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The Whole World Was WatchingSport in the Cold War$
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Robert Edelman and Christopher Young

Print publication date: 2019

Print ISBN-13: 9781503610187

Published to Stanford Scholarship Online: May 2020

DOI: 10.11126/stanford/9781503610187.001.0001

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Action in the Era of Stagnation

Action in the Era of Stagnation

Leonid Brezhnev and the Soviet Olympic Dream

(p.73) 4 Action in the Era of Stagnation
The Whole World Was Watching

Mikhail Prozumenshikov

Stanford University Press

After the Soviet Union’s successful second-place result in the 1952 Olympic Summer Games, its sports officials began to dream of hosting the great mega-event in Moscow. Able leaders like Konstantin Andrianov and Nikolai Romanov repeatedly pushed the party leadership to go along with their plans but to no avail. Joseph Stalin, who departed the world in 1953, had little interest in sport, and his successor, Nikita Khrushchev, was hostile. Everything changed when Leonid Brezhnev came to power. He was an ardent fan of sport who had supported teams and clubs in all the localities through which he passed on the way to the top of the Soviet hierarchy in 1964. Ten years later, after numerous false starts, the Soviet capital was awarded the Games. In this case, a single individual in an authoritarian state had a profound effect.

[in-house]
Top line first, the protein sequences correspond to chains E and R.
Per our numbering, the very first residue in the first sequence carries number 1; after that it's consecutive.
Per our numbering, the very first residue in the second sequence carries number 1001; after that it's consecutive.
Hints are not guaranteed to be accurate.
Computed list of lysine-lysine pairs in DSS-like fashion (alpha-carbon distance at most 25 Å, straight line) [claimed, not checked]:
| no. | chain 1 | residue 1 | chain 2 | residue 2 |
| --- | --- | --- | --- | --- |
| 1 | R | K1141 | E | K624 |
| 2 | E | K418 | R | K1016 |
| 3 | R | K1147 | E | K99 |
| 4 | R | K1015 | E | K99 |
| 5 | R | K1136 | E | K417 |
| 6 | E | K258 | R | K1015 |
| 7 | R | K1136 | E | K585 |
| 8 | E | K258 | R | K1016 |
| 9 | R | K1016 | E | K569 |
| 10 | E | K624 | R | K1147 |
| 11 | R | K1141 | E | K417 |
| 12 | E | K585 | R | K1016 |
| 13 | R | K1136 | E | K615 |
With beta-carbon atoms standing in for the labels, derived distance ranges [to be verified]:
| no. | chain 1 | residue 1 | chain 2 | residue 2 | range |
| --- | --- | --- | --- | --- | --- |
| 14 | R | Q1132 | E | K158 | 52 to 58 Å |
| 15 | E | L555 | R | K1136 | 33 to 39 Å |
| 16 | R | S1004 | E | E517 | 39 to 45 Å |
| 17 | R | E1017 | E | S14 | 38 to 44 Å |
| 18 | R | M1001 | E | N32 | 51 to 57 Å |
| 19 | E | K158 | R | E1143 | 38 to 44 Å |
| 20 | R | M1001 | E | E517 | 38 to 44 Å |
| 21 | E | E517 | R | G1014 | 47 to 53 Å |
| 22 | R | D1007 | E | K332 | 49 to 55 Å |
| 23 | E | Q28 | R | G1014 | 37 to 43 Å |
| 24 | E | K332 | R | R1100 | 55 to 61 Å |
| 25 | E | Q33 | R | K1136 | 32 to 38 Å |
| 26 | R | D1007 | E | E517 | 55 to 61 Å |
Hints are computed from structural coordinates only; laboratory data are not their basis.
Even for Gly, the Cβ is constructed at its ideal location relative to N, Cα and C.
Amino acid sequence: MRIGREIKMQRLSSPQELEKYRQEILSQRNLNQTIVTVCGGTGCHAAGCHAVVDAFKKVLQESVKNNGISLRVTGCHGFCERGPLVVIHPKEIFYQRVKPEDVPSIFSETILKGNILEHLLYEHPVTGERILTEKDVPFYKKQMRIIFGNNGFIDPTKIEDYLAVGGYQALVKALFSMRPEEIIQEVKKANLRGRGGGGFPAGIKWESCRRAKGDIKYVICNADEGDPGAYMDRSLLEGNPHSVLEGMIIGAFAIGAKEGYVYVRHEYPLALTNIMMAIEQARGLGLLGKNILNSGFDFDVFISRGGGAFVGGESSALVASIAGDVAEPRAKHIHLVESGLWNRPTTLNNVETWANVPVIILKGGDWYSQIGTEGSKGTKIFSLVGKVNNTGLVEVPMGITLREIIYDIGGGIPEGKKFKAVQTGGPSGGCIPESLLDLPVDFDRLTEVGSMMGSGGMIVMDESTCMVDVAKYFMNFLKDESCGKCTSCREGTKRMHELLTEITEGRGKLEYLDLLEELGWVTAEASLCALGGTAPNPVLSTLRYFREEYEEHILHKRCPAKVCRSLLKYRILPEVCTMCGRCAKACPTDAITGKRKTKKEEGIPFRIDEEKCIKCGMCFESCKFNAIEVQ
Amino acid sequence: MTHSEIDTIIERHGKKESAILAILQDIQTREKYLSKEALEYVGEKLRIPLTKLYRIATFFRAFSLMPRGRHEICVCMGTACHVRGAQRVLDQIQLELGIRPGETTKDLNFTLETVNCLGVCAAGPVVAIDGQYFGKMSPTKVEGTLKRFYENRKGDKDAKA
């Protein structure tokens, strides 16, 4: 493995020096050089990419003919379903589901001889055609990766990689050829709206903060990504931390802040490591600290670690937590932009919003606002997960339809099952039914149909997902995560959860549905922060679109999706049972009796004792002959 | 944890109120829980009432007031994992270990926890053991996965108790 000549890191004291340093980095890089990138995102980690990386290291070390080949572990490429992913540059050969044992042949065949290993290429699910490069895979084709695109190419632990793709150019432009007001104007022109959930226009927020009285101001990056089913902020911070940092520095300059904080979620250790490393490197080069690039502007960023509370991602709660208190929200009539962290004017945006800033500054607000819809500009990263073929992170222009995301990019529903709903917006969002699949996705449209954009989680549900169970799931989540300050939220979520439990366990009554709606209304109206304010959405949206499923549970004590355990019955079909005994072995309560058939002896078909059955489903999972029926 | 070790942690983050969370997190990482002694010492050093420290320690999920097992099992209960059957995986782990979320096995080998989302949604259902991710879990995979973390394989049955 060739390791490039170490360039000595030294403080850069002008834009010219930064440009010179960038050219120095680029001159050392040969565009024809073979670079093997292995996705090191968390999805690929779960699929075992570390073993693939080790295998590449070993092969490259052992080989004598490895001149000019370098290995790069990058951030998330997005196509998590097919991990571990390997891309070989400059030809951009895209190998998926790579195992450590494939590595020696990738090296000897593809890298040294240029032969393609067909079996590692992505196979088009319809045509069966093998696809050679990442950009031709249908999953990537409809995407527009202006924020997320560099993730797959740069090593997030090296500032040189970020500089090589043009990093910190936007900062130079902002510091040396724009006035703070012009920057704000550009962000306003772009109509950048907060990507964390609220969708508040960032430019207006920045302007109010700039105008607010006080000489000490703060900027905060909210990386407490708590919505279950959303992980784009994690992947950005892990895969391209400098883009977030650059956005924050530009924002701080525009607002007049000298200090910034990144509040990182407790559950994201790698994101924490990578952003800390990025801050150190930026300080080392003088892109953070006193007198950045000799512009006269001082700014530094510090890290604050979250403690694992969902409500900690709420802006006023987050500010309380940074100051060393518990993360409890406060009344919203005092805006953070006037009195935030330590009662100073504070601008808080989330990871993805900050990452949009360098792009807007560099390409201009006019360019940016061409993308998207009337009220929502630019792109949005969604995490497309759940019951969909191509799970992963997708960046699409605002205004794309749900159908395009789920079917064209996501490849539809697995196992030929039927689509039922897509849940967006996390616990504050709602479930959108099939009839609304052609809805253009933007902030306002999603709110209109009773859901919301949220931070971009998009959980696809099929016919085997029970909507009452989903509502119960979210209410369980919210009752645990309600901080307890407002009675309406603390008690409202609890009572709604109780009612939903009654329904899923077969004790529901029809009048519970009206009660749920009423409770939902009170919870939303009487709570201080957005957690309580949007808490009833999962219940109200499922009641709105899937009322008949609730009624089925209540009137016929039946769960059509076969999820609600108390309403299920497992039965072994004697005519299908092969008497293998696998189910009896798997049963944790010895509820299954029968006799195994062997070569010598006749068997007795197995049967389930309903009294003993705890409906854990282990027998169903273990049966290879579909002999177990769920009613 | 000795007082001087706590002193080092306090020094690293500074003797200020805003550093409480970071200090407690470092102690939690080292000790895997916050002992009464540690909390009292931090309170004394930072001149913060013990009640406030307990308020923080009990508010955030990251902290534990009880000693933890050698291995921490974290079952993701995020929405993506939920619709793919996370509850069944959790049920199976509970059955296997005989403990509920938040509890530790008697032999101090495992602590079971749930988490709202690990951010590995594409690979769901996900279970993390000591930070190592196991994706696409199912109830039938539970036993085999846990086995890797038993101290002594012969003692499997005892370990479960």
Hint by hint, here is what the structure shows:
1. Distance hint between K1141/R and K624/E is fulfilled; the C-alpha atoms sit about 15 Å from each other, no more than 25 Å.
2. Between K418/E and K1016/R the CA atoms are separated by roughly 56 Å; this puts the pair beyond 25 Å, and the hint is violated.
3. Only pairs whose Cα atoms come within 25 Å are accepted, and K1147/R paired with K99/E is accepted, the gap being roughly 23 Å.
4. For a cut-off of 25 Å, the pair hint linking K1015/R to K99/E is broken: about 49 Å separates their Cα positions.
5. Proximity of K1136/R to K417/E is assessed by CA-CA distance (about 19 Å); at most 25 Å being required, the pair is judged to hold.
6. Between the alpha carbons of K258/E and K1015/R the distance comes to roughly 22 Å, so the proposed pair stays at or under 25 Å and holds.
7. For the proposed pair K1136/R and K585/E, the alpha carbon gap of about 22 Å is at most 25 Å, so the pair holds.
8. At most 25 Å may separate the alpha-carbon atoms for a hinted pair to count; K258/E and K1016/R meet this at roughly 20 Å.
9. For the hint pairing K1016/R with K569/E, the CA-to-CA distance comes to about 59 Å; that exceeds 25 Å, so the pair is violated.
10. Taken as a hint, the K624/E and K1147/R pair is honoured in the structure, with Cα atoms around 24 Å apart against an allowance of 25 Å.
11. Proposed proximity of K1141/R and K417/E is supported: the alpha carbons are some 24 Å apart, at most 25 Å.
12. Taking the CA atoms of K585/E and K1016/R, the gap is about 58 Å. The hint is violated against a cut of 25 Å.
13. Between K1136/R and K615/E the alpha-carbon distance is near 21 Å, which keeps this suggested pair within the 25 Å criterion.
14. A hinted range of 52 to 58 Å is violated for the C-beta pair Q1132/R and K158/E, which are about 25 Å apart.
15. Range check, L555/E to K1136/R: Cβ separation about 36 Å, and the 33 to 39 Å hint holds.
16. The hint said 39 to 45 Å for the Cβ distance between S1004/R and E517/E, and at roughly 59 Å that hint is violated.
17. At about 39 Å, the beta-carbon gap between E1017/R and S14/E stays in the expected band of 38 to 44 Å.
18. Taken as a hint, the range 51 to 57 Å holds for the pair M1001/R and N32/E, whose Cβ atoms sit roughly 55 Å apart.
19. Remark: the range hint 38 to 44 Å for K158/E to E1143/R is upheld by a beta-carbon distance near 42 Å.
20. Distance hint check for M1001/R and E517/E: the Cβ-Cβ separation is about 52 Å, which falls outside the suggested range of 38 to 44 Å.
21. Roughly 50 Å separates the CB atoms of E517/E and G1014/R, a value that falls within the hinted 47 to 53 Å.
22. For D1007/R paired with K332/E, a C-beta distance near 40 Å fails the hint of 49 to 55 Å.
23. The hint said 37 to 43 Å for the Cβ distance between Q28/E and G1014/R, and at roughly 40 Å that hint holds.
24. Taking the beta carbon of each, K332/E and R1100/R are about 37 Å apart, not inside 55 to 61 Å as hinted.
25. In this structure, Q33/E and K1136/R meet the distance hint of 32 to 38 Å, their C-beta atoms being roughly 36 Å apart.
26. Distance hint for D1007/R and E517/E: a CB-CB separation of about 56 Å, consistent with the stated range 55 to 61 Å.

Keywords:   Stalin, Khrushchev, Brezhnev, Olympic Games, Cold War, Politburo

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